"None of us had ever seen anything like it before, and we had no idea what it was."
In an essay for The Conversation, Western Sydney University astrophysics professor Ray Norris dishes how he and his colleagues spotted strange, unusually shaped objects in recent radio astronomical data.
Norris' colleague Anna Kapinska first spotted "a picture of a ghostly circle of radio emission, hanging out in space like a cosmic smoke-ring," in September 2019, the professor recalls. "None of us had ever seen anything like it before, and we had no idea what it was."
Kapinska's original label for the bizarre phenomenon: "WTF?"
The team was examining data collected by the new Australian Square Kilometer Array Pathfinder (ASKAP) telescope, a series of 36 identical parabolic antennas used to scan large swathes of the sky at once.
The team named the strange objects "odd radio circles" or ORCs. They quickly used other radio telescopes to make sure it wasn't just a software error.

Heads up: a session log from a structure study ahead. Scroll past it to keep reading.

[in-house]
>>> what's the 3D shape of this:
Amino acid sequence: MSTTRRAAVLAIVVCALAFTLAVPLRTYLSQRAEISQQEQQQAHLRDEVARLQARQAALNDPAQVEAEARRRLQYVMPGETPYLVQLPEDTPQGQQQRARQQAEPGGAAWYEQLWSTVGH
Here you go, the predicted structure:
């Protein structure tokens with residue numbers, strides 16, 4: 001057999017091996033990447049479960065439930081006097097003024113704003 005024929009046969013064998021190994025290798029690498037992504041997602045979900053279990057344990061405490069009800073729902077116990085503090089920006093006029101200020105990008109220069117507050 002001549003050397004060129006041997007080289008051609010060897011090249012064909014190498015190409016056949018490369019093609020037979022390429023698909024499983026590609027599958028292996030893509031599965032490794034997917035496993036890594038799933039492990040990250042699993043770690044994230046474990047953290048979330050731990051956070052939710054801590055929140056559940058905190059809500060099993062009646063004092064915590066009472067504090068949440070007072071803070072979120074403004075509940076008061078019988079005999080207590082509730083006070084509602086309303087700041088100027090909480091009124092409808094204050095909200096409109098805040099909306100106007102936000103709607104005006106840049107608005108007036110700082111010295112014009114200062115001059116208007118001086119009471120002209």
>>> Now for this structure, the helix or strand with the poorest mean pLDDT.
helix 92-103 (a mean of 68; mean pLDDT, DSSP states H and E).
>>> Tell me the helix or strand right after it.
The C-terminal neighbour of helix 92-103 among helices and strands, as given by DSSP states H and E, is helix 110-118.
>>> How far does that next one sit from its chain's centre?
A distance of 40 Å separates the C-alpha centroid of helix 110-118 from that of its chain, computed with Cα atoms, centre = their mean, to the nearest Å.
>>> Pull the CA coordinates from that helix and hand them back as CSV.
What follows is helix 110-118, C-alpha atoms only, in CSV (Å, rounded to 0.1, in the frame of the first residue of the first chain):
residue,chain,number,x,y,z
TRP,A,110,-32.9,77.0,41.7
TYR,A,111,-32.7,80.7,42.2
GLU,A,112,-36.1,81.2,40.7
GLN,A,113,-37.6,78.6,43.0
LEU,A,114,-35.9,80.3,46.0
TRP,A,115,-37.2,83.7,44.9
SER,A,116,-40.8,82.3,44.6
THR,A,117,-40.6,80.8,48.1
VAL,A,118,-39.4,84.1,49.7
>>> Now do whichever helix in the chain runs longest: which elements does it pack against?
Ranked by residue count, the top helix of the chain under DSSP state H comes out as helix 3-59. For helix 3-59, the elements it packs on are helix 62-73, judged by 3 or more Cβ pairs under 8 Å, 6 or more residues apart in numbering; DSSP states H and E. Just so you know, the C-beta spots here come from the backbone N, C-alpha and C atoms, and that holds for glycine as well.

They judged the mysterious circles to be "perhaps a few light-years across," but have yet to figure out how far they are away from us. Norris did suggest, however, that the circles could be "objects in our galaxy."
So far, the team has ruled out several theories, including the remnants of dying stars, rings of radio emissions circling bursts of star formation, and radio emissions escaping from near supermassive black holes.
Norris and his colleagues do offer some possible explanations, as detailed in a forthcoming paper in the journal Publications of the Astronomical Society of Australia. For instance, they may be related to fast radio bursts, powerful signals emanating from outer space which remain mysterious.
"Very rarely do we get the challenge of stumbling across a new type of object which nobody has seen before, and trying to figure out what it is," Norris writes in The Conversation piece.
READ MORE: ‘WTF?’: newly discovered ghostly circles in the sky can’t be explained by current theories, and astronomers are excited [The Conversation]